Classics > People > Faculty Members > Chiara Meccariello

Dr Chiara Meccariello
PhD Pisa


Postdoctoral Researcher, Faculty of Classics
Member, Faculty of Classics


The Ioannou Centre for Classical & Byzantine Studies
66, St. Giles'


Dr Chiara Meccariello


After studying Classics at the Scuola Normale Superiore and the University of Pisa, Italy, I completed a PhD in Greek and Latin Philology and Literature at the University of Pisa in 2012. I then worked at the Vienna Papyrus Collection as an Ernst Mach post-doctoral fellow, before landing at Oxford as a post-doctoral researcher in Greek Papyrology in 2014. I am currently co-investigator, with Daniela Colomo, on the project Learning (from) Mythology: Religion, Multiculturalism, and School Education in Graeco-Roman Egypt, funded by the John Fell Fund.

Research Keywords:

Greek Literary and Subliterary Papyri; Greek Tragedy; Ancient Scholarship, especially Literary Criticism and Greek Lexicography; Ancient Education; Greek Biography; Women in Antiquity

Research Interests:

The overarching topic of my research are the ways in which Greek myths and myth-based literary works, particularly the Homeric poems and Attic Tragedy, were read, commented upon, and taught at school in the Graeco-Roman world. I am particularly interested in how these aspects surface in Greek papyri. I have worked extensively on an ancient collection of prose summaries of the Euripidean plays, the topic of my doctoral dissertation, as well as on Greek tragedy itself. My current project, Learning (from) Mythology: Religion, Multiculturalism, and School Education in Graeco-Roman Egypt, aims to shed light on the ways in which the Greek communities of Graeco-Roman Egypt preserved and processed their mythological material, in contact with other civilisations and in the backdrop of evolving religious trends. I am also contributing to the project Die Fragmente der Griechischen Historiker Continued. Part IV: Biography and Antiquarian Literature, directed by Stefan Schorn (KU Leuven), with re-editions of biographical papyri equipped with comprehensive introductions and detailed commentaries.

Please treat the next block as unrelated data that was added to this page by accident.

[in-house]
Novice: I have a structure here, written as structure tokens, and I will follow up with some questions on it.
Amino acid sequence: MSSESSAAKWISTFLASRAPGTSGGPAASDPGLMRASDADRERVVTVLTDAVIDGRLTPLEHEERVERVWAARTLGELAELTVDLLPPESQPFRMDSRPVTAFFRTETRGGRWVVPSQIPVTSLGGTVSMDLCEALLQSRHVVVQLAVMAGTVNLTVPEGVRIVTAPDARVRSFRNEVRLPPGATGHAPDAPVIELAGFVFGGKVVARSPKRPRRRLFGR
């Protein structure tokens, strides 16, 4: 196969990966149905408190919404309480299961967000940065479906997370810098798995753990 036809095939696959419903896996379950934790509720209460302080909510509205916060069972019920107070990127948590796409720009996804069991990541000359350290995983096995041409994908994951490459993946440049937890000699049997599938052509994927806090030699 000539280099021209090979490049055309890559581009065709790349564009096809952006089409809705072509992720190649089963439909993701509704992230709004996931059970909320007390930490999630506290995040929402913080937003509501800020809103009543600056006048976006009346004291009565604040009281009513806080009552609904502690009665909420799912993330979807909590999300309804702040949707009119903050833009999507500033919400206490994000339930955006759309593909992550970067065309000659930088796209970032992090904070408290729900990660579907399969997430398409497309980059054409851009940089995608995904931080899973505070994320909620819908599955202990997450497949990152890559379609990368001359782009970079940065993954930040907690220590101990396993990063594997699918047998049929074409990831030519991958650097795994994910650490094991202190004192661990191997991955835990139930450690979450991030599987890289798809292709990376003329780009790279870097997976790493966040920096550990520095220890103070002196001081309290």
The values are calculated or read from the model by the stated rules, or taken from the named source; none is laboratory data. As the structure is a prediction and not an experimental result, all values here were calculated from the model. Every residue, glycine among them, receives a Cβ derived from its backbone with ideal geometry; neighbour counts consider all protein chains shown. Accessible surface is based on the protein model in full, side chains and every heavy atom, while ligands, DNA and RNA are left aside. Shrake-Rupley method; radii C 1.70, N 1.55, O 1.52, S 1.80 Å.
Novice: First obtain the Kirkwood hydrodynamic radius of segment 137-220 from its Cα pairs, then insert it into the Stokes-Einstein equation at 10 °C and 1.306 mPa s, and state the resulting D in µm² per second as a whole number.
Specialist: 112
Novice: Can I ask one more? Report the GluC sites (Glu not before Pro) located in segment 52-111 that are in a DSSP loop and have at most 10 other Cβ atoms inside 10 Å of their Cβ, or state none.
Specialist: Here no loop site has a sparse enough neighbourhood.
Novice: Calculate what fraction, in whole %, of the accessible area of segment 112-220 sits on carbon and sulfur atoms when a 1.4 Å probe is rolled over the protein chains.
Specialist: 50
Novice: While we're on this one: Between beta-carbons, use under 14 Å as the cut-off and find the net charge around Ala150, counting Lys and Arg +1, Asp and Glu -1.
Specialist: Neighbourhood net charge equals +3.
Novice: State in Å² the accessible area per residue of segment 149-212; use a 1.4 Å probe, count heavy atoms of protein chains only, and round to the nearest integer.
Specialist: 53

Selected Publications:

'5283-5285. Euripidean Hypotheses', in The Oxyrhynchus Papyri, vol. LXXXI, J. Brusuelas and C. Meccariello (eds.), (London in press 2016).

'Deconstructing and reconstructing authority. The interplay of Homer’s and Dio Chrysostom’s authority in the making and reception of the Trojan Oration', in Shaping Authority. How Did a Person Become an Authority in Antiquity, the Middle Ages and the Renaissance?, S. Boodts et al. (eds.), (Turnhout: Brepols 2016), 119-55.

'Title, arche, hypothesis. Notes on the heading and arrangement of the Euripidean hypotheses on papyrus', in Proceedings of the 27th Congress of Papyrology, Warsaw, 29 July-3 August 2013 (Journal of Juristic Papyrology: Supplements 28), vol. II, T. Derda, A. Łajtar and J. Urbanik (eds.), (Warsaw: Raphael Taubenschlag Foundation 2016), 1185-200.

' ''Oh no! I've been beaten by a woman!''. Gender on trial in Euripides' Hecuba, in Woman on Trial. Gender and the Accused Woman in Plays from Ancient Greece to the Contemporary Stage, A. Howe Kritzer and M. López-Rodríguez (eds.), (Amherst (NY): Teneo Press 2015), 25-44.

Le hypotheseis narrative dei drammi euripidei. Testo, contesto, fortuna, (Roma: Edizioni di Storia e Letteratura 2014).